NowGamer: "We look at the importance of a videogame's world, and how Bioshock Infinite failed to succeed where its predecessor had."
Different strokes for different folks. I thought the world was the only thing that made me finish the game. Sometimes its cool to use your own imagination of what the world is instead of whats only put in front of you.
I definitely agree with most of the author's points. Bioshock infinite did present a story well, but failed to give much depth to the world. The opener was the best part of the game imo. Establishing a unique world full of life. And then instantly everything empties out and you spend the rest of the game slogging through a somewhat plain shooter. Not a bad game by any means, but you can't help but feeling such a wasted potential.
Sounds just like the original to me.
except around every corner, there is audible and visual evidence of the madness that gripped Rapture. Like the splicer talking to her dead baby, the Big Daddys and little Sisters going about their business, or the ambient sounds of a city underwater. Infinite has none of that.
My problem with Infinite's world is that it missed the point of what made Bioshock interesting in the first place. Bioshock wasn't interesting because of Rapture alone. Bioshock was interesting because of Rapture AND all the characters who filled it (Atlas/Fontaine. Andrew Ryan, Tenenbaum, splicers, Big Daddies, Steinman) and their conflicting viewpoints. In this regard, Infinte failed utterly. The Twins were the only truly interesting characters. Elizabeth was cute, but that's about it. The main protagonist was the incredibly cliche "stern but beloved religious leader, adored by the populace yet hides a dark past". Within the first 10 minutes I was already like "really? Comstock is the guy I'm supposed to fight??"
I think you meant antagonist, unless you were trying to be clever with who he really is. And I honestly thought Infinite's characters were much more interesting than any of the originals.
I found that unlike Rapture, Columbia was very centred on an American theme and focus which distanced me from really engaging in the game as much as Rapture did.
I really enjoyed the design of the world in Infinite, especially first walking through the beginning portion. Beyond that though, it never really measured up to the first one for me. Big Daddies were a way more developed enemy than the Handymen ever were. Handymen would show up to randomly attack you and die. Big Daddies had a more sensible place in the world, were much more interesting to fight (since you could observe them, follow them, set up traps, etc.), and overall had a lot more personality as an enemy type. They felt like more random encounters than a set up fight, they would freely battle other enemies, would get defensive when you approached a little sister, etc. They felt real in that world, while the Handymen seemed like "eh, we need something like a Big Daddy". The powers felt the same way. Instead of being a fallen city that featured absolute scientific freedom, and these genetic enhancements completely tore the place apart, the powers were just...there in Columbia. Yes I understand that they would see certain things through tears, which was a way to give the game world these powers without there being a more developed explanation for them, but even with that excuse they never really felt like they had a place in the game, but were there instead because the first game had powers and they should have them in this game just because. I don't know, overall the world/game just didn't feel cohesive like the first one to me (although, design wise, was still really cool to look at).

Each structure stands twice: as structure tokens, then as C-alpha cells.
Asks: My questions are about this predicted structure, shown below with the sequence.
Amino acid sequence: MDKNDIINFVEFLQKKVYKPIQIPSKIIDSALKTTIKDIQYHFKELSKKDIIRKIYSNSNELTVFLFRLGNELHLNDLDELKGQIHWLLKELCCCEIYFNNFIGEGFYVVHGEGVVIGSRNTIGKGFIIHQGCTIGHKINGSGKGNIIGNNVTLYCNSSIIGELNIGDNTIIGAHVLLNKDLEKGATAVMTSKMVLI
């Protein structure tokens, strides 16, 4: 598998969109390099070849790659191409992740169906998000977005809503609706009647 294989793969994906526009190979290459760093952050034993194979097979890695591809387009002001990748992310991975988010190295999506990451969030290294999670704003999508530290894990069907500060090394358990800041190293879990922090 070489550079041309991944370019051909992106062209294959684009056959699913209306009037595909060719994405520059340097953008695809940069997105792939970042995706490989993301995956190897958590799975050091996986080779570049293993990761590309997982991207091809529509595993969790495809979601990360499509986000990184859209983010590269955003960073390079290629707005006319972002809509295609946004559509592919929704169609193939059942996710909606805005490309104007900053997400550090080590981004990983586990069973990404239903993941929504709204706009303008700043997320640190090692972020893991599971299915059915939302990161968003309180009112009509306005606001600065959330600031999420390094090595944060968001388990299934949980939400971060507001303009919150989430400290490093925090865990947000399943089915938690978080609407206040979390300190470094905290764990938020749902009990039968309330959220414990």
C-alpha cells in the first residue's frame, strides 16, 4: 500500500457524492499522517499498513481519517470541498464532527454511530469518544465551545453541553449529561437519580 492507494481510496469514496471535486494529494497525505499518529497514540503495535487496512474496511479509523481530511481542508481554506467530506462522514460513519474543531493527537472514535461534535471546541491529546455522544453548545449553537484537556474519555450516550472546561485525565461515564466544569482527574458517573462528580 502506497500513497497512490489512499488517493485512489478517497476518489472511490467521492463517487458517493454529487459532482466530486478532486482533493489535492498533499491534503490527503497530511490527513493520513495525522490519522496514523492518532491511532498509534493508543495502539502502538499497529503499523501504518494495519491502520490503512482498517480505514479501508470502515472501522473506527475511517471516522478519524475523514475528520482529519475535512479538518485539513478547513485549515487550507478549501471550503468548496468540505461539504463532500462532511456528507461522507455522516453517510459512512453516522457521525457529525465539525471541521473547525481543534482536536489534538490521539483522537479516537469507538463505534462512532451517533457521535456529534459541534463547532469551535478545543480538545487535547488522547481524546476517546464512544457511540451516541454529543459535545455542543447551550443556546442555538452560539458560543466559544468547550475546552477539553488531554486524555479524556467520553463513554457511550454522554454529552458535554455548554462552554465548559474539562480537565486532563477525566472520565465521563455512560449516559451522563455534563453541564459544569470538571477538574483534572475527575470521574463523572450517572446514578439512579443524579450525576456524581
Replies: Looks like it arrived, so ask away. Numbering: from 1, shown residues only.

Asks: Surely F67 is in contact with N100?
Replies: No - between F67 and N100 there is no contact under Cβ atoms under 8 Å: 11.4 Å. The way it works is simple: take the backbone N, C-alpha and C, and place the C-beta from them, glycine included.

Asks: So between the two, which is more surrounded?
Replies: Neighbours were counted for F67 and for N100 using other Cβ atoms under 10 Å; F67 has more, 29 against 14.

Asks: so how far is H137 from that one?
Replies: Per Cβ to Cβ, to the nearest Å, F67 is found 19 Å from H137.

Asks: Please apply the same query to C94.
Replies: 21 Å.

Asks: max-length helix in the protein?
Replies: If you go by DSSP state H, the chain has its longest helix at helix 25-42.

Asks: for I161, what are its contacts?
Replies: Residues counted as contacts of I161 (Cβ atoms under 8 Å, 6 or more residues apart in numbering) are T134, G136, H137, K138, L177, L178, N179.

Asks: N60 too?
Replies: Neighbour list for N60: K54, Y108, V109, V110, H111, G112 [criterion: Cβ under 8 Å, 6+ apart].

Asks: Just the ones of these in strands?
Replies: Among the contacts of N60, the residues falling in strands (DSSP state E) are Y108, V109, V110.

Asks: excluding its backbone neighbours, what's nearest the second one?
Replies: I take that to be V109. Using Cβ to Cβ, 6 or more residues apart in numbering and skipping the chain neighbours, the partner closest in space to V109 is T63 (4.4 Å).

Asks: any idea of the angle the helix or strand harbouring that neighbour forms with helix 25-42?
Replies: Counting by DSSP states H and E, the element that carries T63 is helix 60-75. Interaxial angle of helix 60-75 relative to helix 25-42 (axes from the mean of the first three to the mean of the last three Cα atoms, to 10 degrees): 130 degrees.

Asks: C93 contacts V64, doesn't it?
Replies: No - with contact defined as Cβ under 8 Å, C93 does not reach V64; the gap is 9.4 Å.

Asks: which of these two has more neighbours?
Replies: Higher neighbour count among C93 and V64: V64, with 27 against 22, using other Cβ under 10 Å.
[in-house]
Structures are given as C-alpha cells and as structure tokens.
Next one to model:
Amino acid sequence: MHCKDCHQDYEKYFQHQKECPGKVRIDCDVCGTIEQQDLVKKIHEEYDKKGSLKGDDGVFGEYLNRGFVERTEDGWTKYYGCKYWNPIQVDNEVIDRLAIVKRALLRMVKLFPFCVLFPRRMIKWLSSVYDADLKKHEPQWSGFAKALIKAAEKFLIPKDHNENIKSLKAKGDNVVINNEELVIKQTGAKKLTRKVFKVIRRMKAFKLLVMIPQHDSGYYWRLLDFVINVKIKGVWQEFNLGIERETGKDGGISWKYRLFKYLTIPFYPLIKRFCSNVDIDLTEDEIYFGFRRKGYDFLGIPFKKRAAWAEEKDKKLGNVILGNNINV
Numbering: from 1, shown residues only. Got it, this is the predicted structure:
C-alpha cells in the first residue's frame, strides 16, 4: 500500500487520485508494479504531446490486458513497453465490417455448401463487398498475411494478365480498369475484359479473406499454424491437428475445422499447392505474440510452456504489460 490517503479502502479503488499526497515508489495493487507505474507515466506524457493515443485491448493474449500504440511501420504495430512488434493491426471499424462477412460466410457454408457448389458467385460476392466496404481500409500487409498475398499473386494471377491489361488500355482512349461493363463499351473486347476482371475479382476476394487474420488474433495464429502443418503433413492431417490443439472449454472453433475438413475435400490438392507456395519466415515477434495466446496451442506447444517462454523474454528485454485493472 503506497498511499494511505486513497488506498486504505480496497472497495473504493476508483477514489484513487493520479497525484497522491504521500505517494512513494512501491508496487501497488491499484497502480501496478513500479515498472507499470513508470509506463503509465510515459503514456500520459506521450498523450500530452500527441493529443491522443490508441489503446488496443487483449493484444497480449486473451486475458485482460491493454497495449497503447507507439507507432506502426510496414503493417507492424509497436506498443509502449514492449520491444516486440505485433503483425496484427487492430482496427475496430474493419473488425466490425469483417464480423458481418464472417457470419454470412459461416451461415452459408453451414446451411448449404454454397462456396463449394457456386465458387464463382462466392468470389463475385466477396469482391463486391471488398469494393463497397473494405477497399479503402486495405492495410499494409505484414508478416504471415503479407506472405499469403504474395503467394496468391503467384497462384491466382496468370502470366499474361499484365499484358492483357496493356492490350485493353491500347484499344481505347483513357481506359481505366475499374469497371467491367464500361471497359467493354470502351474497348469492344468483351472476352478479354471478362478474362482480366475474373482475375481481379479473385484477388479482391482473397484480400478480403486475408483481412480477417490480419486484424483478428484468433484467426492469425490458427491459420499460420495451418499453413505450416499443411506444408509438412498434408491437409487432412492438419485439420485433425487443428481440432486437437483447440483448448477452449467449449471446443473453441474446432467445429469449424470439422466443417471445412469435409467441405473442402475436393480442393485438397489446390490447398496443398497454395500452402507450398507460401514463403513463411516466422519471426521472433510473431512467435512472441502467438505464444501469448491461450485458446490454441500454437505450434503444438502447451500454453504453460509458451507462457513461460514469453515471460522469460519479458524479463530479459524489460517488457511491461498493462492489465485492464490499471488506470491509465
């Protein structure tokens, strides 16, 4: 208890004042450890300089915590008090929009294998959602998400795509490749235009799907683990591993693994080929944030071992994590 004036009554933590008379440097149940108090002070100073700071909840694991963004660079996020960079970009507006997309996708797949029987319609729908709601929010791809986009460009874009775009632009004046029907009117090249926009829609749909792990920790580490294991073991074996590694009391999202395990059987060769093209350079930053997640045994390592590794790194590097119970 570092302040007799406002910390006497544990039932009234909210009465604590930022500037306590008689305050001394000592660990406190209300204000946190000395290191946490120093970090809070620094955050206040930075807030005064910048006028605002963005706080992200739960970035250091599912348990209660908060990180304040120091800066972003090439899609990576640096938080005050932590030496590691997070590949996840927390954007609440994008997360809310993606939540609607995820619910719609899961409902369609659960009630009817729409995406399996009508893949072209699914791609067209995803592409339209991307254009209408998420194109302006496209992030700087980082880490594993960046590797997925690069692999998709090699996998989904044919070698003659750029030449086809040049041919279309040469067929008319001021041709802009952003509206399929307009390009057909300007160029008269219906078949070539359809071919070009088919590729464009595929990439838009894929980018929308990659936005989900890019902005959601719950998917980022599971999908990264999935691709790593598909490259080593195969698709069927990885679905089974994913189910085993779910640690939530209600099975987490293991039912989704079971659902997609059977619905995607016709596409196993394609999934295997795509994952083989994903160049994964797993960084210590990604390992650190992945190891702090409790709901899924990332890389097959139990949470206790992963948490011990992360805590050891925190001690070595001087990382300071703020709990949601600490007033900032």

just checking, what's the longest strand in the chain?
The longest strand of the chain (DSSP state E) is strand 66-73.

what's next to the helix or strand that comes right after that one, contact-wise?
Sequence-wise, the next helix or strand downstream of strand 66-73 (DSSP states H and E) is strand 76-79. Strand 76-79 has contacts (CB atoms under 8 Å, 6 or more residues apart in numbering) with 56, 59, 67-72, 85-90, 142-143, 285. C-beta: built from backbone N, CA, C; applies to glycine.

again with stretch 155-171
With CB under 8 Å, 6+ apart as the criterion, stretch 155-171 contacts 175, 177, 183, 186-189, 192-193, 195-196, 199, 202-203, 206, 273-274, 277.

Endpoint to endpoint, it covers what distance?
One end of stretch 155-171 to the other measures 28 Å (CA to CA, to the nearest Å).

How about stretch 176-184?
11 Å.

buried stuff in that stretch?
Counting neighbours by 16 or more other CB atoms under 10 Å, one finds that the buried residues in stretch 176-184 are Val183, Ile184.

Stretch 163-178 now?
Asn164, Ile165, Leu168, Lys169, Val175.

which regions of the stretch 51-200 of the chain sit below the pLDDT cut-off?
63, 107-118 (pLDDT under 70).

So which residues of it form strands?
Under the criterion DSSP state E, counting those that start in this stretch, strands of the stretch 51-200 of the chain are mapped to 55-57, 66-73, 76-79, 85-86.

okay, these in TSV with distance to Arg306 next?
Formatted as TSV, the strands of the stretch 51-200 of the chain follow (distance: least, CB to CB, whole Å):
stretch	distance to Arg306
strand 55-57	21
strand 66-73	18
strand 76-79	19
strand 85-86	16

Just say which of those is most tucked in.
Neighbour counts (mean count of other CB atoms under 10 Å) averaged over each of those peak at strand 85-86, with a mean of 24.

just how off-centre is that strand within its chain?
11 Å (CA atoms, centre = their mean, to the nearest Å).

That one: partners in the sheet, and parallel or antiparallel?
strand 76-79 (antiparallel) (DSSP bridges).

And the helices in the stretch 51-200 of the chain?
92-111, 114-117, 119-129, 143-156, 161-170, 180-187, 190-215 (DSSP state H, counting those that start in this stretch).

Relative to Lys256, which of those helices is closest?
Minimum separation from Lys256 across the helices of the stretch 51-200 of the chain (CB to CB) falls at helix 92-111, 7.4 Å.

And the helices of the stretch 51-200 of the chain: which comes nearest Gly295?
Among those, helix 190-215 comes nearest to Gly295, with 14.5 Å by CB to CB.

It's funny how quickly public opinion has turned on the game. In spite of Bioshock's ambition in telling a grand story, it falls short when placed in context of other games, as well as how its message pans out - or fails to - in real life.
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